Sure, our lawmakers can be petty and unproductive, but they’ve got nothing on these guys. (Video via The White House)
(Video via RT, The Telegraph, Sky News)
After that show, Congress looks downright civilized. Turkey’s most recent parliamentary fistfight — the second of two this week alone— got us thinking, how do these shouting matches devolve into all-out brawls?
Legislative violence has a long tradition that arguably started with the assassination of Julius Caesar on the Senate floor. Today the fights are less gory, more YouTube-friendly.
We’re looking at you, Rob Ford. (Video via CBC)
But the basic motivations remains the same. A researcher at the Hertie School of Governance says there's a “credible commitment problem" nearly every time.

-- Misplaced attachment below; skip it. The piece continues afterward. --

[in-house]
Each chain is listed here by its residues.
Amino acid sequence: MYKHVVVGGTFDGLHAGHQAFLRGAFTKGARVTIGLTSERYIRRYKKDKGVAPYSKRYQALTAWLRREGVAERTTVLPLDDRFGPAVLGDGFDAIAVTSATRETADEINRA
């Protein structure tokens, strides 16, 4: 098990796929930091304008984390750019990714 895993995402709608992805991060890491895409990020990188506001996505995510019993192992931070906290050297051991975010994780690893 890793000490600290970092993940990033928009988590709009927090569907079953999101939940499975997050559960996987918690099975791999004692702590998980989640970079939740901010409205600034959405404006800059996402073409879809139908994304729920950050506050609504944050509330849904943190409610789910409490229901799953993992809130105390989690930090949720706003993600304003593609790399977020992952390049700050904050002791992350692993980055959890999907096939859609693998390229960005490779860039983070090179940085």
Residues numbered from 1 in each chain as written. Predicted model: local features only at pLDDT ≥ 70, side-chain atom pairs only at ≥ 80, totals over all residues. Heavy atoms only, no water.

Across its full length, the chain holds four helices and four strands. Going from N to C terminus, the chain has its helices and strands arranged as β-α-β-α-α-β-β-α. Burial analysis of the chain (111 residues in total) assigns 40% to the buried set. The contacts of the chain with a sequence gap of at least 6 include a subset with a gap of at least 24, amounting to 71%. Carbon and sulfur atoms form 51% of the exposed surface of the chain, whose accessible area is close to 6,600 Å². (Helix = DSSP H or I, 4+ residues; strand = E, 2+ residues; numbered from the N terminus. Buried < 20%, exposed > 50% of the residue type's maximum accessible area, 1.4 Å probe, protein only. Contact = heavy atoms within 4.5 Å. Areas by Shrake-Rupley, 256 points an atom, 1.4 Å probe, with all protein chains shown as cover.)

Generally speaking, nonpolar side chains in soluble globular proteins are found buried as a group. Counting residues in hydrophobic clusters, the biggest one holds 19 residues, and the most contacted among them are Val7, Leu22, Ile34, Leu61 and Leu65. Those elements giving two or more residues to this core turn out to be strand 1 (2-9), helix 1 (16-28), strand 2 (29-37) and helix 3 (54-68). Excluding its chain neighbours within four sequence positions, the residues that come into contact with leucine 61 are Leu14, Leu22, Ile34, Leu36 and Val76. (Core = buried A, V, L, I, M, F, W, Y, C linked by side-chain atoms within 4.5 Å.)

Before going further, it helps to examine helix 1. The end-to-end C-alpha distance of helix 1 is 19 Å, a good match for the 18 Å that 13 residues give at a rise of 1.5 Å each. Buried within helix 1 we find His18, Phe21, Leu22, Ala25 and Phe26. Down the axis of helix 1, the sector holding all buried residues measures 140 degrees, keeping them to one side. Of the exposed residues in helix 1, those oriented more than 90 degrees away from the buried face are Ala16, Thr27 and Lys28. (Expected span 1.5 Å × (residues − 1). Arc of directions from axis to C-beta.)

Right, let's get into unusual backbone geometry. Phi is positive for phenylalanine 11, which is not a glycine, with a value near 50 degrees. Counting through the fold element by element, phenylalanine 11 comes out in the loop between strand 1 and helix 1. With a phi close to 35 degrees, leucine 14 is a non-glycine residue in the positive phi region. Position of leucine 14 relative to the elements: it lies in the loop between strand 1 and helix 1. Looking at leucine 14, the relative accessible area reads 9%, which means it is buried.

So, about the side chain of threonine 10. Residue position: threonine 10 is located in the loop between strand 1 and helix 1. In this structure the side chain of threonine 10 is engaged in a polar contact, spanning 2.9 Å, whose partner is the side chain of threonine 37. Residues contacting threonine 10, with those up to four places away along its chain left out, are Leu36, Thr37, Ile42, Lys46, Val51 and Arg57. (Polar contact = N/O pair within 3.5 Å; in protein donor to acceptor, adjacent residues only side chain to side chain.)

In other words, there's a situation when neither side can trust the other to stick to its end of a bargain. These credible commitment problems tend to show up more in new democracies where political norms aren't yet fully developed. (Video via BBC)
But no matter how old the democracy, at the end of the day, there's no counting on these lawmakers to stay on their best behavior. So, here are some tips should you find yourself in the middle of a parliamentary fistfight.
Or Judo match, for that matter. (Video via YouTube / Oneshot112)
Try shielding yourself with a seat cushion or umbrella, and if all else fails, take a page from the Brits' playbook. (Video via Live 9 TV, Radio Free Europe / Radio Liberty)
The House of Commons is designed to keep those seated at the government and opposition benches always “two sword lengths apart.”
This video includes images from Vincenzo Camuccini and Thomas Rowlandson.